After UK Consumer Confidence dropped to the lowest levels since records began, Germany is expected to do the same tomorrow, for the second time in a row. The crisis of confidence in consumers represents a significant concern for economic growth. While consumers aren’t as large of a percentage of the economy in Europe as they are in the US, it is still a major driver of demand. There are multiple consequences that could come from this situation.
While the ECB in particular expanded the monetary base, where all that money ended up was quite different across countries in Europe. All governments in the EU increased spending, and all went into deficit. However, some were already at the limit permitted by the Maastricht Treaty, leading to calls for ending it.
Where money is spent matters
The difference in spending habits is one of the drivers behind the disparate bond yields across the continent, with a clear north-south divide reasserting itself. This causes a significant problem for the ECB, which is supposed to provide sound policies for all countries. This problem is being addressed under the name of “fragmentation”, and could lead to an unusual situation where the ECB is both buying and selling bonds as part of an effort to tackle inflation.
Germany, as the largest economy in the eurozone, has the largest consumer base. The attitude when dealing with high inflation rates among Germans has been more conservative, leading to a faster decline in consumer sentiment. This, in turn, fuels the fragmentation problem.
It’s not just one thing
While dwindling consumer sentiment would generally be viewed as bad for any economy, it poses additional challenges for a complex European system. Italy is seeking to put a cap on gas prices to deal with inflation; while Germany is looking to pass on increased energy costs to consumers in an effort to stifle demand.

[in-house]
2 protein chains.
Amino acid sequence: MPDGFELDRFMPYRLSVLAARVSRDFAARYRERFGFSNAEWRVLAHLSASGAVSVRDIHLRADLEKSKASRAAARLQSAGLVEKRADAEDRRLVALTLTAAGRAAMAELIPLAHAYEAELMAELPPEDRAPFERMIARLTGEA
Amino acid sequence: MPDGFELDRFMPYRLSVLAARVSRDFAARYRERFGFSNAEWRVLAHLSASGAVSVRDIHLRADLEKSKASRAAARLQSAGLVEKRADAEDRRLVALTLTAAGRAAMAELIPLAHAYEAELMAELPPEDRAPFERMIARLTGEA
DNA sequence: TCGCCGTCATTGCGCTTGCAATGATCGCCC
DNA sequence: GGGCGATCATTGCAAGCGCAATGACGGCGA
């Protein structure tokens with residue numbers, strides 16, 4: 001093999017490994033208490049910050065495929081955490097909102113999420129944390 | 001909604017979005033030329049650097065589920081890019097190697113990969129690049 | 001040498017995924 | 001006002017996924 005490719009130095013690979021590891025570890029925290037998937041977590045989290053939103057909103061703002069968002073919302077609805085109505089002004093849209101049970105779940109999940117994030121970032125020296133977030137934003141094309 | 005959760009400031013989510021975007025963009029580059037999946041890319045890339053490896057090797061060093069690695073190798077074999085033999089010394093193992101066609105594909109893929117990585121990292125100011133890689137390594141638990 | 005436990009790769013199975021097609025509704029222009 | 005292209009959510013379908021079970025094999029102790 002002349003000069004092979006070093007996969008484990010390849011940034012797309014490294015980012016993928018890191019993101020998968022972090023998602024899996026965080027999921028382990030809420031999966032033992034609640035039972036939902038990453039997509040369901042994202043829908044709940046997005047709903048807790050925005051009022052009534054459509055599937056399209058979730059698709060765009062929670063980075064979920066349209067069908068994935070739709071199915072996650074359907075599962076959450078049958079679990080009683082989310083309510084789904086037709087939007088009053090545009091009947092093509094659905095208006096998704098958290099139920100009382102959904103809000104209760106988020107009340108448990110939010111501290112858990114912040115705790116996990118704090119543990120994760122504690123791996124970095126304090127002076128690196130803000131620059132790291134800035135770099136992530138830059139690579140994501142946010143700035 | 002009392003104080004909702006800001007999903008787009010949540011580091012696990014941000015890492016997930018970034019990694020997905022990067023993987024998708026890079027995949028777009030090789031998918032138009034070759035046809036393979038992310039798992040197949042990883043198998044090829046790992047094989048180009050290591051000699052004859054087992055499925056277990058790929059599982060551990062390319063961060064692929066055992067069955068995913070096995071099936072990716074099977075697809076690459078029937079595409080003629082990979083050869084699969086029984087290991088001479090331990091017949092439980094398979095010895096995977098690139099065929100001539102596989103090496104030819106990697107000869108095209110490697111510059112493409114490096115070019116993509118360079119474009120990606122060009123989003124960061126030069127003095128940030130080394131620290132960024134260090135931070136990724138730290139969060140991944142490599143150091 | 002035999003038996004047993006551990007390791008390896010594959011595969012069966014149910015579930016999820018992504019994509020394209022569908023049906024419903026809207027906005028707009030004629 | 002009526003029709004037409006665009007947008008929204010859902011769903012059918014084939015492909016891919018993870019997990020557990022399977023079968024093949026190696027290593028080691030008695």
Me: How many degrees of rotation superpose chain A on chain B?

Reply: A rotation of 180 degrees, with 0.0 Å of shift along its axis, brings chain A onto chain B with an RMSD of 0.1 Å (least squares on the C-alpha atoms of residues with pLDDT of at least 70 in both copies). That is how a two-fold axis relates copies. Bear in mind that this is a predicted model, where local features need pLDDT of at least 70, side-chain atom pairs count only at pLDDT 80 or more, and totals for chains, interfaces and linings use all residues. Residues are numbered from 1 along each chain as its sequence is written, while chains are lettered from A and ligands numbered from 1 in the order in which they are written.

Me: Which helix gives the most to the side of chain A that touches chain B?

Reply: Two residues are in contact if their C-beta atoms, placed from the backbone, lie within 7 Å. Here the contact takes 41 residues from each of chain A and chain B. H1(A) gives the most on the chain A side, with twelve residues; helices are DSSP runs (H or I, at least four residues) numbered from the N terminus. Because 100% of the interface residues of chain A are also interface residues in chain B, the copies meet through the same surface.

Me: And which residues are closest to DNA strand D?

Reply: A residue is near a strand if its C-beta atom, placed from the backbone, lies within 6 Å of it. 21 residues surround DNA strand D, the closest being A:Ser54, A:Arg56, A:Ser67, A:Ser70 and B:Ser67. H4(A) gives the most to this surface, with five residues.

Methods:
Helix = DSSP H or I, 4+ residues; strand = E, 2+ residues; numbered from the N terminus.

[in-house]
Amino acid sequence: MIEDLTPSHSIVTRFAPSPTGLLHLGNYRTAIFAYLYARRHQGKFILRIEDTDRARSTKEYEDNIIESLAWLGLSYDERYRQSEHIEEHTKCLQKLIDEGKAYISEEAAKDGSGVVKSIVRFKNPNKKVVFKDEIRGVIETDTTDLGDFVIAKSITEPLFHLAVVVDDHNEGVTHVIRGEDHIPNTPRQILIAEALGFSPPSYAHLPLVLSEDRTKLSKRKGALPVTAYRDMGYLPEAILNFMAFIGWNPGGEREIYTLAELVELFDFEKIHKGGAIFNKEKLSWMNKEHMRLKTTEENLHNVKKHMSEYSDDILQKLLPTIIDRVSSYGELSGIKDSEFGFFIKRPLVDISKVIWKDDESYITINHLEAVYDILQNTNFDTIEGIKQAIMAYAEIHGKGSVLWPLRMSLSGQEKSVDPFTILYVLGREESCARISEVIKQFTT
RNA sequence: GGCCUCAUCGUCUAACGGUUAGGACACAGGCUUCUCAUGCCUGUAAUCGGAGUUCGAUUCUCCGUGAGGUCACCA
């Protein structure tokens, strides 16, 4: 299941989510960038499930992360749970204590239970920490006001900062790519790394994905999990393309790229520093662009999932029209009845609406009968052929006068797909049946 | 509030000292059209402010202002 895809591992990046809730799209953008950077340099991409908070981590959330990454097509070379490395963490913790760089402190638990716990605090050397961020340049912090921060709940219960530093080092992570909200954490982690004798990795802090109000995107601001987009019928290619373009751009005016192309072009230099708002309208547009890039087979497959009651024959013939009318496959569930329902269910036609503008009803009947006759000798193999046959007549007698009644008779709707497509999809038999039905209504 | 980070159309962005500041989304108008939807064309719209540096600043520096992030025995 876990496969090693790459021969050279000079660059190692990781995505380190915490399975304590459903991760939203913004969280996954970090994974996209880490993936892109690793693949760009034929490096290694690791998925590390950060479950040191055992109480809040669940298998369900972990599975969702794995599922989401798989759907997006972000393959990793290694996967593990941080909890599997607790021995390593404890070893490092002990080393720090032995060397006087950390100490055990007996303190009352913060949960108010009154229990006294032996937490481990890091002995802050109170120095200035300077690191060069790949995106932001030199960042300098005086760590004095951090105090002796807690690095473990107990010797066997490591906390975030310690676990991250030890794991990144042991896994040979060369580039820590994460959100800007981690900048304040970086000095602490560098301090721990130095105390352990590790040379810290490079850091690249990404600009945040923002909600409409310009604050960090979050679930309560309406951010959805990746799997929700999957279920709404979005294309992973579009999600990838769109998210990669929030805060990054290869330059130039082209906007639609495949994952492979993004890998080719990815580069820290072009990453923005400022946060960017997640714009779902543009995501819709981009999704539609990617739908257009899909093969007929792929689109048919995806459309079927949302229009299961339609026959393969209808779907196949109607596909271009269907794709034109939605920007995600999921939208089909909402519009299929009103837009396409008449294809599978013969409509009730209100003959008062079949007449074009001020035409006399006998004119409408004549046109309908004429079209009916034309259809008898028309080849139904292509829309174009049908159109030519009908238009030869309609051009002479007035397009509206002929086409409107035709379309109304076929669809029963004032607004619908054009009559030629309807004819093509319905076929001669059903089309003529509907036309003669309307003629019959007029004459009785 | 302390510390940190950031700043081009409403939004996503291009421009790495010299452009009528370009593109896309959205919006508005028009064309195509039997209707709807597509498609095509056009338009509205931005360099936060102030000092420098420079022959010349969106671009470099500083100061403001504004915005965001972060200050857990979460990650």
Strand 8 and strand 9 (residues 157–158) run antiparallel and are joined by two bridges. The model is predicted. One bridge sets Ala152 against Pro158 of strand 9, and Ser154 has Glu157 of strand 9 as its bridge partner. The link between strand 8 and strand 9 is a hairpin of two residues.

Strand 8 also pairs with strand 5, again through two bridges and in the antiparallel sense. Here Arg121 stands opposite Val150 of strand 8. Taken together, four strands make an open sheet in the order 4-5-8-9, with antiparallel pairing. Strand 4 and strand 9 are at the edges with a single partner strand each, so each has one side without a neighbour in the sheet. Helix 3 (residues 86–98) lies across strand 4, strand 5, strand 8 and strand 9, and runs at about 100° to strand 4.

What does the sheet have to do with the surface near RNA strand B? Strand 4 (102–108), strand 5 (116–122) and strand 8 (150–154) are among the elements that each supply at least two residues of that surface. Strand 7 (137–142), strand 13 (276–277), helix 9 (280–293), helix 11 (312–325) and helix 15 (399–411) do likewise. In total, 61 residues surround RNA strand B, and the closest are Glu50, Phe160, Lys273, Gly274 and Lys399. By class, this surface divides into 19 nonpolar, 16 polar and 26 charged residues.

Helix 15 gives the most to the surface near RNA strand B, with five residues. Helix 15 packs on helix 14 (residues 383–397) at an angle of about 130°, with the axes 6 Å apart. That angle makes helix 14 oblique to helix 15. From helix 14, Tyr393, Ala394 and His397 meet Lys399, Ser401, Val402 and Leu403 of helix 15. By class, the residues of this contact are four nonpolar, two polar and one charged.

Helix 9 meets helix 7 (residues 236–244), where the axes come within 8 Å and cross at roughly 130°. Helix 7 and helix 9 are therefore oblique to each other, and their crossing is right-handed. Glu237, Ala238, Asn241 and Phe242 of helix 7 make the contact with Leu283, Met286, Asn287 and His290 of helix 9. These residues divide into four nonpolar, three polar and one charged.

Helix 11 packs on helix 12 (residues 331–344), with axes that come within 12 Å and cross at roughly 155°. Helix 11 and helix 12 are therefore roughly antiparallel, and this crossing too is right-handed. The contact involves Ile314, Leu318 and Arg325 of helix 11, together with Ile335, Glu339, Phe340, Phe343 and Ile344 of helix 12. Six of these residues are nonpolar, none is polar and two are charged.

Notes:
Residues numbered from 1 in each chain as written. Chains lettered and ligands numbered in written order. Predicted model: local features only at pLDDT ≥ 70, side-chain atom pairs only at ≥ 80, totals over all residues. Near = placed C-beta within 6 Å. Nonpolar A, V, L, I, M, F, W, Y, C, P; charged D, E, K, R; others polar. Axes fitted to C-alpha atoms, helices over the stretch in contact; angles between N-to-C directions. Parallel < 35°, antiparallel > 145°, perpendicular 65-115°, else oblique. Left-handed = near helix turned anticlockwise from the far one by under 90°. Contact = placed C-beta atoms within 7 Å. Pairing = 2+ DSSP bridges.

Monetary policy for those two situations is not compatible. While Italy’s consumer confidence, for example, has fallen, it isn’t as dramatic as has been seen in Germany. Although it’s possible that Italian consumers will start constraining their spending at the level as seen in Germany, the difference could lead to disparate economic performance between the different economies. That would exacerbate the difficulties faced by the ECB, complicating a liftoff in rates.
What to look out for
Prelim German GfK Consumer Confidence for July is expected to drop further to -27.5 from -26.0 reported in June. This would be the second consecutive time that German consumers were the least optimistic on record.
However, a move above the -25 level might signal that the situation could be turning around, with German consumers acquiring a little more confidence in the summer. That might give the market a bit of a positive upside. On the other hand, moving further to the negative could also push risk sentiment down again. Additionally, it could raise further doubts of the ECB taking strong action at their next meeting.